Tsh according to reports, closed last Friday session trading at 2,182/2,192 against the US dollar, as the market was well-matched. CRDB Bank said the the shilling held firmly against the dollar due to constant demand and supply of the greenback.
“With a generally constant demand and supply for the dollar, the local currency held firm against the US dollar last week,” the bank said on its market highlights.
Earlier, National Microfinance Bank (NMB) said that shilling was expected to hold its position firmly as demand for local currency was anticipated to rise due to end-quarter corporate obligations.
“The shilling is expected to strengthen in the near;term as corporate sell dollars and purchase the local currency to settle quarter’end obligations,” NMB said in e-market statements.
The shilling, according to central bank, opened the month trading at 2,189/96 but managed to maintain its firmness to close yester-session at 2,190/20, losing merely a friction of cents.
However, the shilling since January has depreciated 1.34 per cent to 2,190/20 of yesterday. BoT’s Domestic Market Associate Director, Mr Paul Maganga, said the shilling was expected to strengthen this year as inflows are expected to improve.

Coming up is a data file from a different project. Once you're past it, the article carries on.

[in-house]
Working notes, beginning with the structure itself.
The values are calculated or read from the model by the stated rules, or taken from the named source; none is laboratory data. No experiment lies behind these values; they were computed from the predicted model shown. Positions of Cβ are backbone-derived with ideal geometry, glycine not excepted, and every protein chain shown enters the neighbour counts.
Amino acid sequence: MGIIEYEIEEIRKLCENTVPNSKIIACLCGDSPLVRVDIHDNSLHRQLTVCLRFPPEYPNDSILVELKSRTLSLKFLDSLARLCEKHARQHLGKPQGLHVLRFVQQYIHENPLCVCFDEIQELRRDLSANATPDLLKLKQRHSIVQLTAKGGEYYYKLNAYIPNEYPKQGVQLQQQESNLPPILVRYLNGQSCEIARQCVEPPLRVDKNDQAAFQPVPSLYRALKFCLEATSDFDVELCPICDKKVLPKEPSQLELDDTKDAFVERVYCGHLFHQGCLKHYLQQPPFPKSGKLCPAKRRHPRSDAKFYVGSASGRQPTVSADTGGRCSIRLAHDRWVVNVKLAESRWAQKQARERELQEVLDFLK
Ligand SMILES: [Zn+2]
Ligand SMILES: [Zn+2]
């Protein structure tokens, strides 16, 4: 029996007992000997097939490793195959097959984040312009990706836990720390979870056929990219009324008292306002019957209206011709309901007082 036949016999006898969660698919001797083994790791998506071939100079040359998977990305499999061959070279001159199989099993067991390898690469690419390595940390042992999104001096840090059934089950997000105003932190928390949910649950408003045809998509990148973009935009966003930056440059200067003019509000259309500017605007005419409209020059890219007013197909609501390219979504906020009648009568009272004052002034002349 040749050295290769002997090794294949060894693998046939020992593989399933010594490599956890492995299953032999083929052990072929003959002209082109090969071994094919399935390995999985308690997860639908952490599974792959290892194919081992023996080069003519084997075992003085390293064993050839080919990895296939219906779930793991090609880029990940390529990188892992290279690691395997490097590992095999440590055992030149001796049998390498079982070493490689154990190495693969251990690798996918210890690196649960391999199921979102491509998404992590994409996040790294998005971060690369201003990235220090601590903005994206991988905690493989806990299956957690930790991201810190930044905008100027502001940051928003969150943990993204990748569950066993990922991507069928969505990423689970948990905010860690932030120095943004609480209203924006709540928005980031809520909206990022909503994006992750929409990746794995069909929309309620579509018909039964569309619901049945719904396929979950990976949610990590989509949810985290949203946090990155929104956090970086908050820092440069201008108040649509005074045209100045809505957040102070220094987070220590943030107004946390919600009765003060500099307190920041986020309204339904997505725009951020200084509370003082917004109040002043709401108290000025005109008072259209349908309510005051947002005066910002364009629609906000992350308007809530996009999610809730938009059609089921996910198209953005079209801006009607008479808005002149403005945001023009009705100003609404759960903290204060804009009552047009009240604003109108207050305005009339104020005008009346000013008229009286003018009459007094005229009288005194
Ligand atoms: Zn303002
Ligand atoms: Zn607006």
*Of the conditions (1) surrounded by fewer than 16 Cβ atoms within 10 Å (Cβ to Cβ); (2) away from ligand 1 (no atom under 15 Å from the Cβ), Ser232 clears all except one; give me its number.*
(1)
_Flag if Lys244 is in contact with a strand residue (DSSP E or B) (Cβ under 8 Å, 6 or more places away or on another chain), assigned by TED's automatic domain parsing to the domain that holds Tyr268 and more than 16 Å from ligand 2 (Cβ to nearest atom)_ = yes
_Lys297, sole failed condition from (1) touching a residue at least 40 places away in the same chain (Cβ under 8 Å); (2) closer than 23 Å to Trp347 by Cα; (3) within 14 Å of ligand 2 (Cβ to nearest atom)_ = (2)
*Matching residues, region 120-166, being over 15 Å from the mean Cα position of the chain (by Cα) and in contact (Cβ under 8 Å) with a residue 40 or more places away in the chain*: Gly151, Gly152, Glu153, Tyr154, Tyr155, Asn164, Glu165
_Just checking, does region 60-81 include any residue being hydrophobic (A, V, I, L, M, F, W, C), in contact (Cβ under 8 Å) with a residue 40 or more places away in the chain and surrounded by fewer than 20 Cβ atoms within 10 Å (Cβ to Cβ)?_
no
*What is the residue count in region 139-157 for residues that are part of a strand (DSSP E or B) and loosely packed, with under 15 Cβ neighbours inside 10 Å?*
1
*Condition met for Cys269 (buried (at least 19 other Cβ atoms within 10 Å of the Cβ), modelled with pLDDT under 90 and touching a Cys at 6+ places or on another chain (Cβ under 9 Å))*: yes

“We are monitoring the (shilling) trend on daily basis…the trend shows the shilling will stabilize,” Mr Maganga said during financial journalists’ seminar last week in Dodoma. He added the shilling seems to find a new market equilibrium which was good for economic stabilisation.
International Monetary Fund (IMF) said when replying the letter early this year that the shilling depreciation was largely reflected due to the global strength of the dollar. The IMF also said domestic factors contributed to the volatility and such as the loosening of monetary policy in late 2014.
“Staff’s preliminary assessment is that the recent depreciation has brought the real effective exchange rate which was last assessed in 2014 to be somewhat overvalued, closer to equilibrium,” IMF report showed.
source Daily News Report
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